Do I understand what you’re saying? Sure – I’m not an idiot. But I’m not asking them to sing, or ‘feel connection to’ or anything like that. Do what Mahmoud Abdul Rauf did in the 1990s during pre-game sessions in the NBA (sat and got blasted, and then decided to stand and pray respectfully), or what my Druzi mates in the army did.
You are still sidestepping the point, and I find your attitude, as summed up in the last paragraph disappointingly and very deeply cavalier. That is all I will say about it. that should be all I need to say about it.
I didn’t really … but ok.
Yes, you absolutely did. In fact, you did worse than that. You went on for several paragraphs about how YOU, presumably a citizen of at least two countries, are willing to get up off your ass and onto your feet “respectfully” for the national anthems of countries which are not your own and which therefore presumably have no personal meaning to you. Then you talked about how little your own national anthem(s) affect YOU one way or the other – big surprise that you, a Jewish citizen of Israel, do not find anything troubling about Hatikvah.
So, the first three quarters of your comment was not at all about the point, which is how non-Jewish citizens of Israel – Palestinians specifically – might feel about the fact that their own national anthem explicitly excludes them. Instead it was all about YOU.
Then, when you finally got around to addressing my point – sort of – you first made it about YOU again, and not how they might feel, but about what you are and are not asking of them (kind of revelatory, actually). Then you flippantly blew off the feelings of Israel’s Palestinian citizens by cavalierly suggesting that they should simply get drunk and pray, which by the way is specifically forbidden to the majority of them, who are Muslims, in verse 4:43 of their holy book, the Qur’an: “Draw not near unto prayer when ye are drunken. So, now you add to the offense of cavalierly blowing off the feelings of your fellow “non-Jewish) citizens the even more offensive suggestion that the way for Israel’s Muslim citizens to deal with the reality that they are explicitly not included in their country’s national anthem is to act in a manner that is specifically forbidden to them in their holy book.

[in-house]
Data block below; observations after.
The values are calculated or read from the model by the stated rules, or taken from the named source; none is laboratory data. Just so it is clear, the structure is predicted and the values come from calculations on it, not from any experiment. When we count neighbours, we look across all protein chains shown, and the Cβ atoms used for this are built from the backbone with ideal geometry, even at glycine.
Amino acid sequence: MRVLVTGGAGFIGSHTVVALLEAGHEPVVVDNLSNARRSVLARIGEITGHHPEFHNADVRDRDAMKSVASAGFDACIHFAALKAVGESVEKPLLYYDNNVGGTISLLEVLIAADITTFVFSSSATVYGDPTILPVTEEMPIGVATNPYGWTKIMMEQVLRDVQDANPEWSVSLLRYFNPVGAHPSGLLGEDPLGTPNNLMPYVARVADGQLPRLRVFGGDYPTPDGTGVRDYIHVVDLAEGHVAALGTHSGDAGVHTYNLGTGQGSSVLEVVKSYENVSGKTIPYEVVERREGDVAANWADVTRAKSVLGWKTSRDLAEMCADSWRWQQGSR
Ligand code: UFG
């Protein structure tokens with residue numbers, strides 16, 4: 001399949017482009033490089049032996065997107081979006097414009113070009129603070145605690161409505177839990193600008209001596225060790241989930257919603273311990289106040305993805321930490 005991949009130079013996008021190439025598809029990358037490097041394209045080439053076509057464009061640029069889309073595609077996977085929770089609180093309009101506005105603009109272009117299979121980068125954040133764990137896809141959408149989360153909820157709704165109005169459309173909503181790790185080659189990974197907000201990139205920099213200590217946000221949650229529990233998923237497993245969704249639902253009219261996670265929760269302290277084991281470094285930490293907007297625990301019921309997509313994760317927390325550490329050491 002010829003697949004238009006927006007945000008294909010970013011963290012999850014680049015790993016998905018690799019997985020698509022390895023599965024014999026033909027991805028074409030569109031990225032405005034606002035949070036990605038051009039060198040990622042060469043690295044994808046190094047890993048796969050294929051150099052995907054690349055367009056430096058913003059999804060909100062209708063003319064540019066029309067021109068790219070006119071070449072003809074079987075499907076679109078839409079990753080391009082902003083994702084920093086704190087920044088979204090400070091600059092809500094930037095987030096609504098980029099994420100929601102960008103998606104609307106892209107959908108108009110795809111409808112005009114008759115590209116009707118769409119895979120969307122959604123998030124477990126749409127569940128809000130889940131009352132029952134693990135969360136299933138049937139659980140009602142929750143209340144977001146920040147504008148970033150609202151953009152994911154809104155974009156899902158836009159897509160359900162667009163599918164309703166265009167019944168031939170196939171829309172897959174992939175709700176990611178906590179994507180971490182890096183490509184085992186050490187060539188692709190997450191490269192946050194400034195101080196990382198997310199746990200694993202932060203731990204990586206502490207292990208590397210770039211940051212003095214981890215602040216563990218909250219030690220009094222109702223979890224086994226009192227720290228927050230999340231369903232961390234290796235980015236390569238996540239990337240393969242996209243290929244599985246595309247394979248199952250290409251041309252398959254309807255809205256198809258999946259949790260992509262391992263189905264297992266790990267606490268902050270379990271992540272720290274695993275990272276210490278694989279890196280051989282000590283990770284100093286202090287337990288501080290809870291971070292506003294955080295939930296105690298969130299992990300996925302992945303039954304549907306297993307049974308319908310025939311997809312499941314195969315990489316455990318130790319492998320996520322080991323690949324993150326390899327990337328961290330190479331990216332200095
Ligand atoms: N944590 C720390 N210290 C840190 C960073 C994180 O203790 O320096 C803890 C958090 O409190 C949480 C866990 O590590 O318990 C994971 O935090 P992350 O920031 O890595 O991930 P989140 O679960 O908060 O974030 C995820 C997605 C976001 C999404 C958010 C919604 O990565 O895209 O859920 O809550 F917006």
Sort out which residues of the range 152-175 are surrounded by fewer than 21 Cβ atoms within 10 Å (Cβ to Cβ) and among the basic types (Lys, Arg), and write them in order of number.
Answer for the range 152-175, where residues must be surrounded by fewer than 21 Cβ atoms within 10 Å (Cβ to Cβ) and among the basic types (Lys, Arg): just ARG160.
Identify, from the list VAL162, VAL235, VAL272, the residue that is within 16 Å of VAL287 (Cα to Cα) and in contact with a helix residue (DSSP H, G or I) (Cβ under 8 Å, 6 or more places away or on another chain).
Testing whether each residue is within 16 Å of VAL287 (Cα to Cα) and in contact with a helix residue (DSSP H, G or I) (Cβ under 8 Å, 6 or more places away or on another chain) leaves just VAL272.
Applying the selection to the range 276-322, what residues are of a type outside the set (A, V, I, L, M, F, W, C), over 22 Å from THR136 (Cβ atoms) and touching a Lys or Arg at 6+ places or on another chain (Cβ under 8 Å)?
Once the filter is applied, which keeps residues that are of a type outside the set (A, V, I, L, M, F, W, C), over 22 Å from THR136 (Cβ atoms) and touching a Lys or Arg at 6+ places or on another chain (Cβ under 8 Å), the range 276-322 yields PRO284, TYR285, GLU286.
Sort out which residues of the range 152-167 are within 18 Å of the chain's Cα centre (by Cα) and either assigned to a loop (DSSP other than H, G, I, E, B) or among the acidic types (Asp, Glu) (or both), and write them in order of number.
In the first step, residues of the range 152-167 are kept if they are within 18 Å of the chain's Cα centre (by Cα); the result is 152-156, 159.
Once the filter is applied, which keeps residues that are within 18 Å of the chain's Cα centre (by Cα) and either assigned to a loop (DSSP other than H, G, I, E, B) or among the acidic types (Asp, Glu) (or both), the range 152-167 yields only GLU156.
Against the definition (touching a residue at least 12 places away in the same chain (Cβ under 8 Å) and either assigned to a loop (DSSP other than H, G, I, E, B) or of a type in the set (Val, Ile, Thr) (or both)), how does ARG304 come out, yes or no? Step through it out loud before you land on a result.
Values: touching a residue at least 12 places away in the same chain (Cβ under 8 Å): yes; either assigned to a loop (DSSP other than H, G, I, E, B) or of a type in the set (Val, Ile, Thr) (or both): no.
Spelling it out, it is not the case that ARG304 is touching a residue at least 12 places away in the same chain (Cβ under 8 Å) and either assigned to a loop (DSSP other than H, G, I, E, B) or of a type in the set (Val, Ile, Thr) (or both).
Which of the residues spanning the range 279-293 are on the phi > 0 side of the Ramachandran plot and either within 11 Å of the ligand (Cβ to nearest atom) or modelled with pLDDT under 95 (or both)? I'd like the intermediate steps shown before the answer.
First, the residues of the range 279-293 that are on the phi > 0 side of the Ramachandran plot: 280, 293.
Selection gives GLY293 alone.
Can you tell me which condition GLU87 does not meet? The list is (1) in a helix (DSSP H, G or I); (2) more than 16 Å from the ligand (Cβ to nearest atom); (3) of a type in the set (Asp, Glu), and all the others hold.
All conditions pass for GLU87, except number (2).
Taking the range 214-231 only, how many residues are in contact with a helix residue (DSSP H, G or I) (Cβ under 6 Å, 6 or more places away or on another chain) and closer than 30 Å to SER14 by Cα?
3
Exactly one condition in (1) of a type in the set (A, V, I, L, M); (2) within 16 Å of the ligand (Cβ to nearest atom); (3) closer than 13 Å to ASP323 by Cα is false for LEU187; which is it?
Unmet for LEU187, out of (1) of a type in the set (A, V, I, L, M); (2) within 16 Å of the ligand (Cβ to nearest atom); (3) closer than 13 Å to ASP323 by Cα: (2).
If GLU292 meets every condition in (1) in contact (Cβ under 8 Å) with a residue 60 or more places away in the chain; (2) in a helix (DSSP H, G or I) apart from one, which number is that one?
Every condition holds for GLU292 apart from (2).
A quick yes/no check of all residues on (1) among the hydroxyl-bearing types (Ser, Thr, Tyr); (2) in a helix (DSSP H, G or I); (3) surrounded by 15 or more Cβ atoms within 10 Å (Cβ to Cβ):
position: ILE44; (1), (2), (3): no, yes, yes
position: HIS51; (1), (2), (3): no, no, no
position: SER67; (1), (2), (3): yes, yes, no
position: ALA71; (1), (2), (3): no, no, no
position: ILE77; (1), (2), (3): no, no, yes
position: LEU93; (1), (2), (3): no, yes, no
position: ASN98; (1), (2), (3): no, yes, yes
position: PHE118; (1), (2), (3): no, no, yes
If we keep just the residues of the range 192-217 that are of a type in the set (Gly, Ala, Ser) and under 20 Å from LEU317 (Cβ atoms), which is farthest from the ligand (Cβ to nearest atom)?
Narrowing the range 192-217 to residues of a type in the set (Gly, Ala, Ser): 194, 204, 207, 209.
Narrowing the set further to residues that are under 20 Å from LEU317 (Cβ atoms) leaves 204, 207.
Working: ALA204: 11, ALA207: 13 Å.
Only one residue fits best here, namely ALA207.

Way to demonstrate just how much respect you have for your fellow citizens, Avram!
“I think you’re on very thin ice here. This sounds more like hasbara than real history. We can talk about discrimination against Jews in Arab lands. But expulsion??”
Richard – going by how the word is defined in any English dictionary, it was an expulsion. 800,000 – 1,000,000 people were forced from their homes, that is fact. How it happened in every instance is obviously well documented, but they were forced to leave their homes, lives and assests. I’ve talked to enough Arab Jews (ie, many were members of synagogues I’ve attended throughout the world) who hold this opinion – and considering they were the ones leaving their homes, I don’t think I’ll call them ‘hasbaranikim’.
One more time, Iraqi and Syrian Jews were not expelled. Nor, as I recall were the majority of North African Jews. Egyptian Jews, as I recall, WERE expelled as a pretty direct result of Zionist actions.
When it comes to Iraq, of course, I have a slight disadvantage over you in that I am personally acquainted with people who were present and involved in events, as members of the Jewish community, various other communities, and as officials in the government.
To quote someone who is far more knowledgeable than me:
“She can nitpick about whether it was actually expulsion, but the truth is that the Jews of Iraq were driven out by the Iraqi government. They could not work, travel, send their kids to university and at any moment could be arrested on charges of being Zionist spies. The ‘coup de grace’ was that all those who wanted to leave having all their property stolen from them in March 1951.
The 5,000 who did not leave in 1951 ended up being smuggled out of Iraq in 1970 after 9 Jews were executed and 50 had disappeared. Was this the Zionists’ fault too ? There are seven Jews left.”
“When it comes to Iraq, of course, I have a slight disadvantage over you in that I am personally acquainted with people who were present and involved in events, as members of the Jewish community, various other communities, and as officials in the government.”